In Chapter 17, Krishna repeats his teaching of the gunas. He then explains OM TAT SAT to us: ‘OM TAT SAT: these three words designate Brahman, by whom the seers, the Vedas and the sacrificial rites were created in ancient times. Therefore OM is always uttered by the devotees of Brahman, as the scriptures direct, before undertaking any act of sacrifice, almsgiving or austerity. TAT, meaning the Absolute, is uttered by seekers after liberation who desire no reward for their deed, when they are about to make sacrifice, austerity or give alms, or practise some austerity. SAT means goodness, and existence. It also means an auspicious act. All perseverance in sacrifice, austerity or almsgiving is SAT. ‘
Interesting to contemplate the way folk have reacted to being told that we must follow a policy of austerity, in order to put our country’s finances in order. In this quote from the Gita, austerity is seen as a virtue and a self-discipline. Using measures of austerity will ensure that the country rebalances, and that the vulnerable will be sheltered and protected.
The heart chakra, ANAHATA, balances the other wheels of energy. It is in the centre, balancing out the three lower chakras which are concerned with our life in a physical body on this earth, and the three higher chakras which are concerned with our higher intelligence, our spirituality, and our connection to Spirit World. Anahata means unstruck sound, and it is connected to the element of air. Its colour is green (sometimes rose pink) and its seed sound is YAM.
The heart chakra is all about unconditional love. That is love without judgement towards all people, all creatures, all beings and, of course, ourselves. Taking a walk in nature is a great way of surrounding yourself with the green ray. Having an emerald green cushion behind you works really well, or a green candle beside you. Eating green fruit and vegetables brings in the green colour, too, which will stimulate the heart chakra. Try green apples, green peppers, gooseberries, cabbage, spinach and spring onions. There are so many green vegetables! Is nature trying to reconnect us to our hearts? To encourage us to be more heart-centred? To be big-hearted? Respect nature by buying natural, organic foods…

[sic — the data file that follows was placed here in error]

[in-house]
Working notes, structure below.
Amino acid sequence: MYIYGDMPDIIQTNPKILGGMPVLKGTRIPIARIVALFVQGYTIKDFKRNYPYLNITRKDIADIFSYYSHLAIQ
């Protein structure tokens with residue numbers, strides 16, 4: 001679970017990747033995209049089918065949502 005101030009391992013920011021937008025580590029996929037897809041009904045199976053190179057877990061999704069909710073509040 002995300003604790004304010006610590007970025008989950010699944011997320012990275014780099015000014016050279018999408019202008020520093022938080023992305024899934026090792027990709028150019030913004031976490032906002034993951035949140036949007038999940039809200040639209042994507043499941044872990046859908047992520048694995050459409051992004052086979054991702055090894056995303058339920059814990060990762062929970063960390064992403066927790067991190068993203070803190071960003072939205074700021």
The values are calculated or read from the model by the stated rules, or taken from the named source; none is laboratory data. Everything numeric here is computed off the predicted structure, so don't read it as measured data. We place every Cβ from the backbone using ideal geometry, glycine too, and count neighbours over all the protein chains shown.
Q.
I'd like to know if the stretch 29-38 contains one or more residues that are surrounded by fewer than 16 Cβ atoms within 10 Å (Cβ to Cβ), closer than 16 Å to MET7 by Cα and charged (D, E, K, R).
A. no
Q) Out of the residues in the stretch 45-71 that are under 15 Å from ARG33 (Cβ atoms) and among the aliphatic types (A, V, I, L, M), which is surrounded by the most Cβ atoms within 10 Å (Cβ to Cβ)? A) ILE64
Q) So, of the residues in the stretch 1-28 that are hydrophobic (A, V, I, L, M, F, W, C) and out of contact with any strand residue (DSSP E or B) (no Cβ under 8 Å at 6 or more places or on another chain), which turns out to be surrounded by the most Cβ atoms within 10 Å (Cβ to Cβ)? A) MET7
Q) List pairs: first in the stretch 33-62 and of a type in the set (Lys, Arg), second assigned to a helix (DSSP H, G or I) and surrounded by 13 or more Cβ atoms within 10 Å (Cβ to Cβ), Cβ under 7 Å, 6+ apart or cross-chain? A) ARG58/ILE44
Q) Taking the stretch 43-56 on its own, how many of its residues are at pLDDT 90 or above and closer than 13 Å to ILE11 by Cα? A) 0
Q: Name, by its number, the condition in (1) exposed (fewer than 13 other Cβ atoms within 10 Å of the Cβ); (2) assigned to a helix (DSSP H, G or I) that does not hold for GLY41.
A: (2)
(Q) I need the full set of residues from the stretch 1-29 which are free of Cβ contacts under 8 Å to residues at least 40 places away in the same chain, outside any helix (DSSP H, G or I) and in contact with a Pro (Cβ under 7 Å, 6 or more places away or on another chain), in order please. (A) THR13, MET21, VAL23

On this ‘Yoga Prescribed’ blog, we have had a romp through a variety of foods which have medicinal value. Yoga teaches us to be aware; to listen to our bodies. The more in touch with the body that we become, the more we are able to read the signals. I develop a headache in a specific place if there is not enough oxygen in the room. I develop a headache in a different place if I am dehydrated. In both cases, the headaches disappear immediately once I have fixed the problem. Listen to your body.
Including a variety of foods in the diet will take care of your nutritional needs. Eat a rainbow of vegetables. If you are drawn to a certain fruit or vegetable, eat it. Your body is telling you what it needs at this moment. For instance, you might find that you are fancying carrots and oranges. Yes, you might need betacarotene and vitamin C, but on a more subtle level your sacral chakra could be out of balance. You might need more of the colour orange in your life. Listen to your body.
Always remember that the way you eat matters, too. Yoga teaches us about the three gunas. These are qualities or constituents of nature. Eating in a rush is rajasic. When you are busy, busy, busy, it is not an appropriate time to eat. Eating because you’re bored and indolent is tamasic. You’re feeding your emotions, not your body. However,eating when you are calm and balanced is sattvik. You have time to consider your food and what your body needs. You eat slowly and with appreciation. Listen to your energies…Listen to your body.
‘Food is medicine’ is an ancient Chinese proverb, and it is still so true today.
The manner of eating matters, too! Sattvik energy is pure and is in balance. If we eat calmly, and indeed prepare food lovingly, it enhances our well-being. Eating on the go, being rajasic, is never going to truly nourish us!